Ed News: What is the governance structure there – appointed school board, elected school board?

Adamowski: We have been blessed by the fact we have a hybrid board. Five of our nine members are appointed by the mayor, who also serves on the board. So we only have four elected.

If you look at the movement nationally toward appointed boards in urban areas, it is exactly the way to go. You’ve got to be able to sustain this long enough to produce results. All of the institutional interests will push back on these changes and elected boards are the most susceptible to that level of pushback.

I had an elected board when I was superintendent in Cincinnati and we were able to do some great things there. But I would say, with an elected board, it would have taken us twice as long in Cincinnati to get to where we are in Hartford in two and a half years.

Ed News: How do you continue reforms in this tough economy?

Adamowski: One of the things that has helped us the most is our system of weighted student funding or student-based funding. We fund the child as opposed to the school or the institution. That child then takes their funding to whatever school their parent chooses. So you can continue to start new schools as long as there are parents who want that for their child. And the system will adjust naturally to that.

(This economy) forces a couple of things. It forces you to concentrate on your core business of instruction. It forces you to fund students and families as opposed to institutions. But it also kind of sharpens the idea that a school, in order to sustain itself, has got to be successful and has got to have customers that want to attend it.

Thus far in our nation, nobody has had experience doing this in an economic downturn. All of our experience has been during times when budgets were increasing and, to some degree, a number of places have just kind of layered the reform on top of the existing system.

In this environment right now, you can’t do that. You have to change the existing system. As you start to do new things, there are just as many that you have to stop doing because your resources are so limited or they’re going down. What we have tried to do in Hartford, at the same time we were doing new things to support our reform, we’ve also cut deeply into the existing things we have done previously.

This environment accelerates the systemic nature of the reform, for those that have enough political will to actually do it.

Nancy Mitchell can be reached at [email protected] or 303-478-4573.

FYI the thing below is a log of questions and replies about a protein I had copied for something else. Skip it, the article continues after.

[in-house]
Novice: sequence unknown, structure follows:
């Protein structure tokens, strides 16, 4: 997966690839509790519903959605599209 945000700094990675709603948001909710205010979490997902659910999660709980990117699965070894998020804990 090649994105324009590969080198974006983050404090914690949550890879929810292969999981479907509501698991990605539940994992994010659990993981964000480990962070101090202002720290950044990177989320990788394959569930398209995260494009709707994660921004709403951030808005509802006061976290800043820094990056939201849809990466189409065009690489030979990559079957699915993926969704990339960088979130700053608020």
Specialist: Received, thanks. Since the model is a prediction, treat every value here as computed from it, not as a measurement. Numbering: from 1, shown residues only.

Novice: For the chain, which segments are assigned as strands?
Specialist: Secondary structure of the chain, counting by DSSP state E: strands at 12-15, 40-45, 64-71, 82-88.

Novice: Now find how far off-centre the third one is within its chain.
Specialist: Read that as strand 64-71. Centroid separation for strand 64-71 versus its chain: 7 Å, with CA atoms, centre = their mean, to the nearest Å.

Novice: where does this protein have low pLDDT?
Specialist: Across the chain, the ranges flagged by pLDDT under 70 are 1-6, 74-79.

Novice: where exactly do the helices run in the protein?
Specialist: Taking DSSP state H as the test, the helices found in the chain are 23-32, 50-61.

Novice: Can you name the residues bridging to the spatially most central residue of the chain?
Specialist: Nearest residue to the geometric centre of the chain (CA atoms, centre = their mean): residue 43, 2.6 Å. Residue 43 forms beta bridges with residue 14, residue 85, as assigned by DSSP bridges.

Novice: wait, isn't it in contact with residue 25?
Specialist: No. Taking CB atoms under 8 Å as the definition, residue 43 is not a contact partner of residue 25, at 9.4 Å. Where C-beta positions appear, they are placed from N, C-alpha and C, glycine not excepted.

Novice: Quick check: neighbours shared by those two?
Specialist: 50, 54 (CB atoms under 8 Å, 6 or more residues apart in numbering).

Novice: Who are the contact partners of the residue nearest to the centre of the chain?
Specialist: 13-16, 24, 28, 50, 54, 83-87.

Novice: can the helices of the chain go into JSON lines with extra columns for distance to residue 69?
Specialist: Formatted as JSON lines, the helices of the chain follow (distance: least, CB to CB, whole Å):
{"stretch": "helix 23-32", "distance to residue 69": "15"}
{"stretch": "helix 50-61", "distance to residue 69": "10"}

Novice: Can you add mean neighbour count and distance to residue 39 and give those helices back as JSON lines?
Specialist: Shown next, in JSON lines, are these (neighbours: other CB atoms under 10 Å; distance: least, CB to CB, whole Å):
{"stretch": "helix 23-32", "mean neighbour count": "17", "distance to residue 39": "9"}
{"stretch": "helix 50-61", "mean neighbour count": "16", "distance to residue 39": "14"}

Weekend Reads

Need classroom decor inspiration? These educators have got you covered.

This school year, students will spend about 1,000 hours in school —making their classrooms a huge part of their learning experience.

We’re recognizing educators who’ve poured on the pizazz to make students feel welcome. From a 9th-grade “forensics lab” decked out in caution tape to a classroom stage complete with lights to get first graders pumped about public speaking, these crafty teachers have gone above and beyond to create great spaces.

Got a classroom of your own to show off? Know someone that should be on this list? Let us know!

Jaclyn Flores, First Grade Dual Language, Rochester, New York
“Having a classroom that is bright, cheerful, organized and inviting allows my students to feel pride in their classroom as well as feel welcome. My students look forward to standing on the stage to share or sitting on special chairs to dive into their learning. This space is a safe place for my students and we take pride in what it has become.”

Jasmine, Pre-K, Las Vegas, Nevada
“My classroom environment helps my students because providing calming colors and a home-like space makes them feel more comfortable in the classroom and ready to learn as first-time students!”

 

Oneika Osborne, 10th Grade Reading, Miami Southridge Senior High School, Miami, Florida
“My classroom environment invites all of my students to constantly be in a state of celebration and self-empowerment at all points of the learning process. With inspirational quotes, culturally relevant images, and an explosion of color, my classroom sets the tone for the day every single day as soon as we walk in. It is one of optimism, power, and of course glitter.”

Kristen Poindexter, Kindergarten, Spring Mill Elementary School, Indianapolis, Indiana
“I try very hard to make my classroom a place where memorable experiences happen. I use songs, finger plays, movement, and interactive activities to help cement concepts in their minds. It makes my teacher heart so happy when past students walk by my classroom and start their sentence with, “Remember when we…?”. We recently transformed our classroom into a Mad Science Lab where we investigated more about our 5 Senses.”